Dr. Allan M Zarembski (professor) and John Cronin (Graduate Student), University of Delaware
Railroad rail represents one of the largest infrastructure costs for railway systems, and is often the largest single maintenance of way expense item. Rail fatigue is one of the primary causes of rail failure, occurring in all modes of rail transit from heavy axle load freight to rail transit. The current approach to forecasting the fatigue life of rail is a cumulative defect analysis using Weibull equations, which allows for the determination of the rate of defect growth and prediction of defect rates based on cumulative traffic levels (defined in terms of Millions of Gross Tons of Traffic or MGT).
While the Weibull equations have been effective in projecting the growth rate of rail defects, they are insensitive to such key parameters as axle load, speed, curvature, and rail maintenance activities such as rail grinding. As such, traditional Weibull forecasts are based on the assumption of homogeneous conditions throughout the entire analysis period and specified location. This has been a very limiting assumption.
With the availability of large volumes of data, it is now possible to extend the Weibull analysis, using new “Big Data” analysis techniques, to allow for more accurate and effective forecasting of rail life. This research activity makes use of a large volume of rail defect data, representing over 30,000 miles of railroad track over a period of almost 10 years, to extend (and possibly replace) the existing Weibull forecasting models to overcome many of the deficiencies of the current model and to allow for more accurate rail life forecasting. These analyses are expected to bring out underlying relationships in the role of infrastructure on the development of rail defects, without requiring an assumption on the nature of the relationship beforehand.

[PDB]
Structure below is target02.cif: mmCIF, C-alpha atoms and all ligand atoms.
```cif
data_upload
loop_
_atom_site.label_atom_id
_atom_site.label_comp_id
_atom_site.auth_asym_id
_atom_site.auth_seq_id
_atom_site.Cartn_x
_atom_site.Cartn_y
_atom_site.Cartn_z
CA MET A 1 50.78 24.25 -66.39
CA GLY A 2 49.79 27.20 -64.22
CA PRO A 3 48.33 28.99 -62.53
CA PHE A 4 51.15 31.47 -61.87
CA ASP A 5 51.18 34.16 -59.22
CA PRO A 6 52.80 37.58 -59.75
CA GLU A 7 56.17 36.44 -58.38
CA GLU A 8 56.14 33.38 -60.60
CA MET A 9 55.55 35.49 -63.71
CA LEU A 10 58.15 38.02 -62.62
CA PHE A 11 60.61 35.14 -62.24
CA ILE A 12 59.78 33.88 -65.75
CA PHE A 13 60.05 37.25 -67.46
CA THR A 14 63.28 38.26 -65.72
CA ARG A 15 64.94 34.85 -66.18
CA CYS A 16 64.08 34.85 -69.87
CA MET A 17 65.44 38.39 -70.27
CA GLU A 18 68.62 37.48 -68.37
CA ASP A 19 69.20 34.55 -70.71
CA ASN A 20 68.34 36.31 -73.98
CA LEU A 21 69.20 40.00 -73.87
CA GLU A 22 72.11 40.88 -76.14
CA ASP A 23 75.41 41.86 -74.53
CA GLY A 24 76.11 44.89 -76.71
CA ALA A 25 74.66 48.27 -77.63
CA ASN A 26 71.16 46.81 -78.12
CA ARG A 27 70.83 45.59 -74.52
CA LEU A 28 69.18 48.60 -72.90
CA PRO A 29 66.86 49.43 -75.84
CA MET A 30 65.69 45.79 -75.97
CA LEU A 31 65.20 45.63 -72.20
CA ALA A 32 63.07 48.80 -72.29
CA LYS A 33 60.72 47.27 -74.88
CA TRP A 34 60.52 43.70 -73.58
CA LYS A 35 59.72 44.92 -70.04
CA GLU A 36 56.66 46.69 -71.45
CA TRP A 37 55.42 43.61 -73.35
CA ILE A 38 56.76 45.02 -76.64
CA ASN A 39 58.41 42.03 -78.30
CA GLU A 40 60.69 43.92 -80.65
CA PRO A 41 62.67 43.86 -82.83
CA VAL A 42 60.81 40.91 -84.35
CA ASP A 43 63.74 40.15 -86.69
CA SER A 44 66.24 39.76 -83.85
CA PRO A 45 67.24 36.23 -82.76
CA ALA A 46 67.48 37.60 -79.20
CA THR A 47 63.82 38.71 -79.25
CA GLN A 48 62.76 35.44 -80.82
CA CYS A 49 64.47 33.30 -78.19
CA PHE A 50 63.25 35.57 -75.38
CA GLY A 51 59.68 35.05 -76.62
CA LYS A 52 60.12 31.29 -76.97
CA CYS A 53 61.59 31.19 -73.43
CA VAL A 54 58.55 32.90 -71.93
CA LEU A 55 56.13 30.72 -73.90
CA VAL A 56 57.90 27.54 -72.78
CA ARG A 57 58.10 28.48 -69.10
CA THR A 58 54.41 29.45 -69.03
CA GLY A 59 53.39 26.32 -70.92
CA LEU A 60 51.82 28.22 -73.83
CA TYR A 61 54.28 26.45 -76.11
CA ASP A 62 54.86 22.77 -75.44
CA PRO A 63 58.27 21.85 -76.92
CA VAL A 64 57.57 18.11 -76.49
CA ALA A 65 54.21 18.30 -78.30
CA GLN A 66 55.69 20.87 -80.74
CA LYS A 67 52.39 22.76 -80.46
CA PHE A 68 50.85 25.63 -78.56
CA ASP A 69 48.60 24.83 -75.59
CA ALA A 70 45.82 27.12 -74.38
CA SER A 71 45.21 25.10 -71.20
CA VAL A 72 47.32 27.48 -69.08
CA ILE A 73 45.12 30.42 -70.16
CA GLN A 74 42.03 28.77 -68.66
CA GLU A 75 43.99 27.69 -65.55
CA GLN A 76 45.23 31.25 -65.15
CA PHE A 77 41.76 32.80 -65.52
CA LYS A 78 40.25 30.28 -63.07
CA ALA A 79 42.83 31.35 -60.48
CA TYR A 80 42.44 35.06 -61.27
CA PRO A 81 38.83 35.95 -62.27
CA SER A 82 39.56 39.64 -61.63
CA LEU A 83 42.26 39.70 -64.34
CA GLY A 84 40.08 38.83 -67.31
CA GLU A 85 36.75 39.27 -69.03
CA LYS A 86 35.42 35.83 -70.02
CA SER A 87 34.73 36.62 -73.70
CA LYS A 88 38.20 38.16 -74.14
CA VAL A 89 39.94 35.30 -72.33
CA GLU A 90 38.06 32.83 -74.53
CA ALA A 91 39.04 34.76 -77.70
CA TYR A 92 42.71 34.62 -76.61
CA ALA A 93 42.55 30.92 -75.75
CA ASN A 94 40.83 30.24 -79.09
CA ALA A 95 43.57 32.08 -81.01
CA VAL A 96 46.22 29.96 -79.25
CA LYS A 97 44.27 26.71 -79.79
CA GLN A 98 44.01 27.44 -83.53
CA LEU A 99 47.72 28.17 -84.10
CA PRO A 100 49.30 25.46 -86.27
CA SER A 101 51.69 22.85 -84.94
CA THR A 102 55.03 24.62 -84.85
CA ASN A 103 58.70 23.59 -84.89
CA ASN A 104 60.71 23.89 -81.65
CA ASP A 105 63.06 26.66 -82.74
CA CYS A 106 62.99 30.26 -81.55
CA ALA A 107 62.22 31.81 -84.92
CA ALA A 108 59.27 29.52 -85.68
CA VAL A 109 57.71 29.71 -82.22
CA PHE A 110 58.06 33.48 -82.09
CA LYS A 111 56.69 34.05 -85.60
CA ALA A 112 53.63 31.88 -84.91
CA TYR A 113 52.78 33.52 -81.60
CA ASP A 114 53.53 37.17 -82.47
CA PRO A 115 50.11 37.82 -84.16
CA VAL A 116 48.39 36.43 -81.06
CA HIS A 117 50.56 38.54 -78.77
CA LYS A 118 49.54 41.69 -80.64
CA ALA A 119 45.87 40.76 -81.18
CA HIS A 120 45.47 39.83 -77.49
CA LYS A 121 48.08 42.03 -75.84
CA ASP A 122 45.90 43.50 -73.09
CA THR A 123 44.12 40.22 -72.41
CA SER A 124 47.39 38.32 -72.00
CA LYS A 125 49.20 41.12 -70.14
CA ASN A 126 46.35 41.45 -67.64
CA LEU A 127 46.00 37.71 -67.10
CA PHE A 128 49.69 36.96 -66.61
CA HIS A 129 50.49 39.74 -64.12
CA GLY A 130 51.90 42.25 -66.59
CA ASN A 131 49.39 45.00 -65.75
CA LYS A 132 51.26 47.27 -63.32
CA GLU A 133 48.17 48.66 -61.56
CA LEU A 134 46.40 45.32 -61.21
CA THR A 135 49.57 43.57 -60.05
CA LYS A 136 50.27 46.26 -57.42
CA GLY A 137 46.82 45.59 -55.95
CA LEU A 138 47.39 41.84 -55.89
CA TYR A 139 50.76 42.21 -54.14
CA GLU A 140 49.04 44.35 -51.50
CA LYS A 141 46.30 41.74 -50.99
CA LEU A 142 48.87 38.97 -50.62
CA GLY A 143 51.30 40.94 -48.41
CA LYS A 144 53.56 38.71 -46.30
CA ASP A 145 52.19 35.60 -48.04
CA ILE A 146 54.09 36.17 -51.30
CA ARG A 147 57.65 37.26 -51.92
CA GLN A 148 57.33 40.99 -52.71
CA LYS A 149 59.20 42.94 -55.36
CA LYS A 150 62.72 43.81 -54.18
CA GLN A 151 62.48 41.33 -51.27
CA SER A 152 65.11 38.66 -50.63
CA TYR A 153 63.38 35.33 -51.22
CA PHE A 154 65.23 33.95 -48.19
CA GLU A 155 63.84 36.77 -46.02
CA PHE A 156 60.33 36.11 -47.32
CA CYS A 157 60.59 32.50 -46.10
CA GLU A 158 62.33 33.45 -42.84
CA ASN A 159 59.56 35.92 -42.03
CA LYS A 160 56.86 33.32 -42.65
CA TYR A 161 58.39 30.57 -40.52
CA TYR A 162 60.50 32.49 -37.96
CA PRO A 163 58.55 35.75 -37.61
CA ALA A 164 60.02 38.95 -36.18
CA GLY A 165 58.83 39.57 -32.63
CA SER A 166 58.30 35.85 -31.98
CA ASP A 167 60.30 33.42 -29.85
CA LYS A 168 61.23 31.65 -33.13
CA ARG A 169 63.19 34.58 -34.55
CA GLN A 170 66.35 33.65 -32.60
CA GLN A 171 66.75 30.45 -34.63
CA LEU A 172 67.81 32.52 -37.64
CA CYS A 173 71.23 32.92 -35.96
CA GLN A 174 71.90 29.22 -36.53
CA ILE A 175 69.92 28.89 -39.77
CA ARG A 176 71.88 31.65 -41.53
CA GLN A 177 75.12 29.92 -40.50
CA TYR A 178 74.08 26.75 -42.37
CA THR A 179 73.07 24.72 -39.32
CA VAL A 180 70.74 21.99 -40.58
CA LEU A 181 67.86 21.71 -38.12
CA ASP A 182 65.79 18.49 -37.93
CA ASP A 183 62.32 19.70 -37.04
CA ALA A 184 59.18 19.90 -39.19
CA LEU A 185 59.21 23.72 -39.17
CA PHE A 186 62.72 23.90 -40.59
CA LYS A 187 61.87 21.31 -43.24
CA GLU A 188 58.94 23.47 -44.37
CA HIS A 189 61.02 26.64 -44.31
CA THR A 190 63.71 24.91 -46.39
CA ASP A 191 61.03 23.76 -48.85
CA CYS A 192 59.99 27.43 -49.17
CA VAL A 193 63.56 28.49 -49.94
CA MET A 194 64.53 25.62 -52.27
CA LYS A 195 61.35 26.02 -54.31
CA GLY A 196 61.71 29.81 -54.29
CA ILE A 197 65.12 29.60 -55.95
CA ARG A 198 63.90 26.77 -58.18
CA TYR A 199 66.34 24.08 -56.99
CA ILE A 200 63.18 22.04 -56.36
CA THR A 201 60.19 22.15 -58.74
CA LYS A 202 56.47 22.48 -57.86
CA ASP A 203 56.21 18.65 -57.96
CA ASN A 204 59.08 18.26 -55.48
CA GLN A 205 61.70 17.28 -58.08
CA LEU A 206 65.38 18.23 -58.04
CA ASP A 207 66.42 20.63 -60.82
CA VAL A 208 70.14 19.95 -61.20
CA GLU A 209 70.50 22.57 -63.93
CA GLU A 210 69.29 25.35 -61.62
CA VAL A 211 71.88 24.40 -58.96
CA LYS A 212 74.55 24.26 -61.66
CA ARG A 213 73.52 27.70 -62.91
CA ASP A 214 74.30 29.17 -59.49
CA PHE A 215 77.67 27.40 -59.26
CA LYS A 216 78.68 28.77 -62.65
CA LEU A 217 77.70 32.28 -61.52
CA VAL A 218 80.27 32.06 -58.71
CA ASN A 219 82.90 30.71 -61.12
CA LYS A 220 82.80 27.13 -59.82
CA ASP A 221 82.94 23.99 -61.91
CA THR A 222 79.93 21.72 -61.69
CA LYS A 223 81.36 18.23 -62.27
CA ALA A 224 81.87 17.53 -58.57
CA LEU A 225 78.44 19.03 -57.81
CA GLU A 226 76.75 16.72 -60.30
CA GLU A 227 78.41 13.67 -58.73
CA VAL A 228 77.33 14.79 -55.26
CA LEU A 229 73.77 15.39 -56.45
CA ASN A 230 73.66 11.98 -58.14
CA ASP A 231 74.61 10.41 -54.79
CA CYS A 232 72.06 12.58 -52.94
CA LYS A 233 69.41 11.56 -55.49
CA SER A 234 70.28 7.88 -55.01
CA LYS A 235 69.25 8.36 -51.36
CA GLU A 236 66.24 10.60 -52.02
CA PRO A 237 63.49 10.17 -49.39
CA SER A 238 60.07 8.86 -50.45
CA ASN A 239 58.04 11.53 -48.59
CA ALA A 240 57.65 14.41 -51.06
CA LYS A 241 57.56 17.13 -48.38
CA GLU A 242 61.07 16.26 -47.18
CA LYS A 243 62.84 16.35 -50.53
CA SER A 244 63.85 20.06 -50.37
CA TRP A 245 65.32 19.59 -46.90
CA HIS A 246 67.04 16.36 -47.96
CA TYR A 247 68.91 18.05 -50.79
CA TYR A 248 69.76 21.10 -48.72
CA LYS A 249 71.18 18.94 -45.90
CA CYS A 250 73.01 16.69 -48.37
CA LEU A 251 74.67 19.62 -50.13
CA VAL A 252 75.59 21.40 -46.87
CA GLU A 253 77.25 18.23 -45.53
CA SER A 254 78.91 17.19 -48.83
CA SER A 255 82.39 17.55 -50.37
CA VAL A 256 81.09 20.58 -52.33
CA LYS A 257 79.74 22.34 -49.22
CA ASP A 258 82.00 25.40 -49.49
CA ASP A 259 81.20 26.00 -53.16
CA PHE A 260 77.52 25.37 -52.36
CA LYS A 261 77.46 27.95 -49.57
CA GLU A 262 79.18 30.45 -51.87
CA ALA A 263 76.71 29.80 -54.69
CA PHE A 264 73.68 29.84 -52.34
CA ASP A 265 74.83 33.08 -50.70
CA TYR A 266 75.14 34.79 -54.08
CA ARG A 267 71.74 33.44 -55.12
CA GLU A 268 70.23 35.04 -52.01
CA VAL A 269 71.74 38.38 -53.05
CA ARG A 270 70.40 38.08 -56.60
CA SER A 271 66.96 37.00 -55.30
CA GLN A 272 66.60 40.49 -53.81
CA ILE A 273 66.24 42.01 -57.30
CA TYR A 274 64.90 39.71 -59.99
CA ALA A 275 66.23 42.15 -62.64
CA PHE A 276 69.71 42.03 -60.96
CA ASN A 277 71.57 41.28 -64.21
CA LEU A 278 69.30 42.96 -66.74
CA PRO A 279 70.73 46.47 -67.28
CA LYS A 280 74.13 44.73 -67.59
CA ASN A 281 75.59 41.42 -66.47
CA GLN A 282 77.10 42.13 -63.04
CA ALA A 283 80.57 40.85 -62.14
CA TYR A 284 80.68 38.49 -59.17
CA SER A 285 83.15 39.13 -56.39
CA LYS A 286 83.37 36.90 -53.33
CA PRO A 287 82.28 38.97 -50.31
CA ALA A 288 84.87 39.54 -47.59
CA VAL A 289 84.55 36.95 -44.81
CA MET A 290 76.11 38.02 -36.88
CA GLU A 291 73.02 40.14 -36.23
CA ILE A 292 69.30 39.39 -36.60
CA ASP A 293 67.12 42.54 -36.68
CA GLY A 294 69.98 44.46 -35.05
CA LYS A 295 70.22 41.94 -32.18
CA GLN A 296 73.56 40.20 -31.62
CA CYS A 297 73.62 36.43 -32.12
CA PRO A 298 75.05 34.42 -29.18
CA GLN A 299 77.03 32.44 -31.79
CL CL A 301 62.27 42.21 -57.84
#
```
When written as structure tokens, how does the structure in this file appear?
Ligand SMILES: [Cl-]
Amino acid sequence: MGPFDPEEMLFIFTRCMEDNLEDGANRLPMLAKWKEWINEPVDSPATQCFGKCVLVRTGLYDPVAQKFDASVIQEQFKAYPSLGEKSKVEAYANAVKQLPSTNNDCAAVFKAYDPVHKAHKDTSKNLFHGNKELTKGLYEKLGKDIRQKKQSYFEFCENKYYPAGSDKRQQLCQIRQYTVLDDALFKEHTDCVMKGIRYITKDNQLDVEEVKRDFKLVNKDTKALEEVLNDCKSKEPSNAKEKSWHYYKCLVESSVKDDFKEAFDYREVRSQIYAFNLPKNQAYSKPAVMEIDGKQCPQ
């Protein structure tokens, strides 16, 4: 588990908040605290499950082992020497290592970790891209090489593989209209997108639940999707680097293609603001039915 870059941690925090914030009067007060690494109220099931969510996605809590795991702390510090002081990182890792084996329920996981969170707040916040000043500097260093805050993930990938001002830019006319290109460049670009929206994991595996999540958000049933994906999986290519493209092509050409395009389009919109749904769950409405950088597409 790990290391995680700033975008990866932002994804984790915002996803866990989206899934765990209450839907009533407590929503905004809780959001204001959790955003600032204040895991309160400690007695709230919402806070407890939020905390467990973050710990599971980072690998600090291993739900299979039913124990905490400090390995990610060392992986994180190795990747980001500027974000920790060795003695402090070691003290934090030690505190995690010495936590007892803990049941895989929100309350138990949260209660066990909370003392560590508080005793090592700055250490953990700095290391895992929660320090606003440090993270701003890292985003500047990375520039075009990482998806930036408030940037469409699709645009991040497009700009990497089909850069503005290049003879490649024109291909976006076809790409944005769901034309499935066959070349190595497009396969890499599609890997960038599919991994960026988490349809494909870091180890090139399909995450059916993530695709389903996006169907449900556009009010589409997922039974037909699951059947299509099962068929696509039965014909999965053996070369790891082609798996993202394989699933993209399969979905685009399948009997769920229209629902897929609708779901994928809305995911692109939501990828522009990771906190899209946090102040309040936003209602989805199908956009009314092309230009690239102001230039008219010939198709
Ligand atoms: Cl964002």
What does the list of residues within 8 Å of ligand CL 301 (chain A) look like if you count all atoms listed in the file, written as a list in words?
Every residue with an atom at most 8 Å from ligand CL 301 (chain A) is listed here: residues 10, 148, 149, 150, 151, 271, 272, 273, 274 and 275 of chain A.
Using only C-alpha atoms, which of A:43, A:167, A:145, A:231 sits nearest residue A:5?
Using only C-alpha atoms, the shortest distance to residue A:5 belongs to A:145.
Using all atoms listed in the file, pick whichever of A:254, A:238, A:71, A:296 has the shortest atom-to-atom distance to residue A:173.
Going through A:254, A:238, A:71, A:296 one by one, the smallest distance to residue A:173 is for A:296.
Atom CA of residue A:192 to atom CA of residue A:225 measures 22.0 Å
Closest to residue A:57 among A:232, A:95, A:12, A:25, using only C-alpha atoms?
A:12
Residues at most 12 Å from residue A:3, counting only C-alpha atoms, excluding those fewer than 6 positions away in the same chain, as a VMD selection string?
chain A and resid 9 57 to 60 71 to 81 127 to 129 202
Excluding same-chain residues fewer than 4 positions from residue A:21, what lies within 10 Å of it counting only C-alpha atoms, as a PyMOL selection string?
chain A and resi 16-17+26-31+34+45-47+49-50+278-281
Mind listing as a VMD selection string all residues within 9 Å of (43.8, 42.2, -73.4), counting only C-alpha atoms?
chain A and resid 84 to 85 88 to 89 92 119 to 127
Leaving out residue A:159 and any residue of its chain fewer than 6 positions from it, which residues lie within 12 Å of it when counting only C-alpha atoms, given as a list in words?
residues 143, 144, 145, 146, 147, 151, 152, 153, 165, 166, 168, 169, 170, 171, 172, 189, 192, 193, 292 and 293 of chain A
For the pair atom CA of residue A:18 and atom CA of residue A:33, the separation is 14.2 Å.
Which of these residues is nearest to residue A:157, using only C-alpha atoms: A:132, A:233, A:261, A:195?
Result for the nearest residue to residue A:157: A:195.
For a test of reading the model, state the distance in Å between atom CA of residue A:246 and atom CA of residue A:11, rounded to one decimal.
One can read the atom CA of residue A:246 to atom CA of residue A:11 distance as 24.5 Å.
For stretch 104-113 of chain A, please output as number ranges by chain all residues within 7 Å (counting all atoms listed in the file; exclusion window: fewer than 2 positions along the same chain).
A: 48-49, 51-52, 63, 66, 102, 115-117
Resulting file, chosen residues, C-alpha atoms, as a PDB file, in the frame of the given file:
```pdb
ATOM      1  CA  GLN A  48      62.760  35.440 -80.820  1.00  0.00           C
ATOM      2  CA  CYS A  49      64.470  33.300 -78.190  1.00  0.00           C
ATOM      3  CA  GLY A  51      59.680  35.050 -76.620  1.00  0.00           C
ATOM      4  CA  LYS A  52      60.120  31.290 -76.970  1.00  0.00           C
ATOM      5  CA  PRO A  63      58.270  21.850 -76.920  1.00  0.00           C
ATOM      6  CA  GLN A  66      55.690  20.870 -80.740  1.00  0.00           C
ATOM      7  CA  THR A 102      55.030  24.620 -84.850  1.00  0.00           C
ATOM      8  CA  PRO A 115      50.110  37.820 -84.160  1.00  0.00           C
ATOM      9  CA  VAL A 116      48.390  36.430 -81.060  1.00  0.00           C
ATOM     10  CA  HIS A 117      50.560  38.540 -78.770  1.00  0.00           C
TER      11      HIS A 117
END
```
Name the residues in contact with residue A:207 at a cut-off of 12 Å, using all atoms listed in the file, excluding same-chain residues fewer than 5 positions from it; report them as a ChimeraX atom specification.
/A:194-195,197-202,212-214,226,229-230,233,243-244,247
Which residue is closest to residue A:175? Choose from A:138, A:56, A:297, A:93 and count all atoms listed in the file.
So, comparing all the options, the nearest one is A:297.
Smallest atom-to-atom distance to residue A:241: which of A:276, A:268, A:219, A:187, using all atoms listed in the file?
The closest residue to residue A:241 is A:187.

The updated rail forecasting equation(s) then can be used to better predict the rate of rail defect development, allowing more accurate management of the expensive rail replacement process. It should also become possible to gauge the change in the rate of defects due to infrastructure changes, allowing better control over future maintenance costs.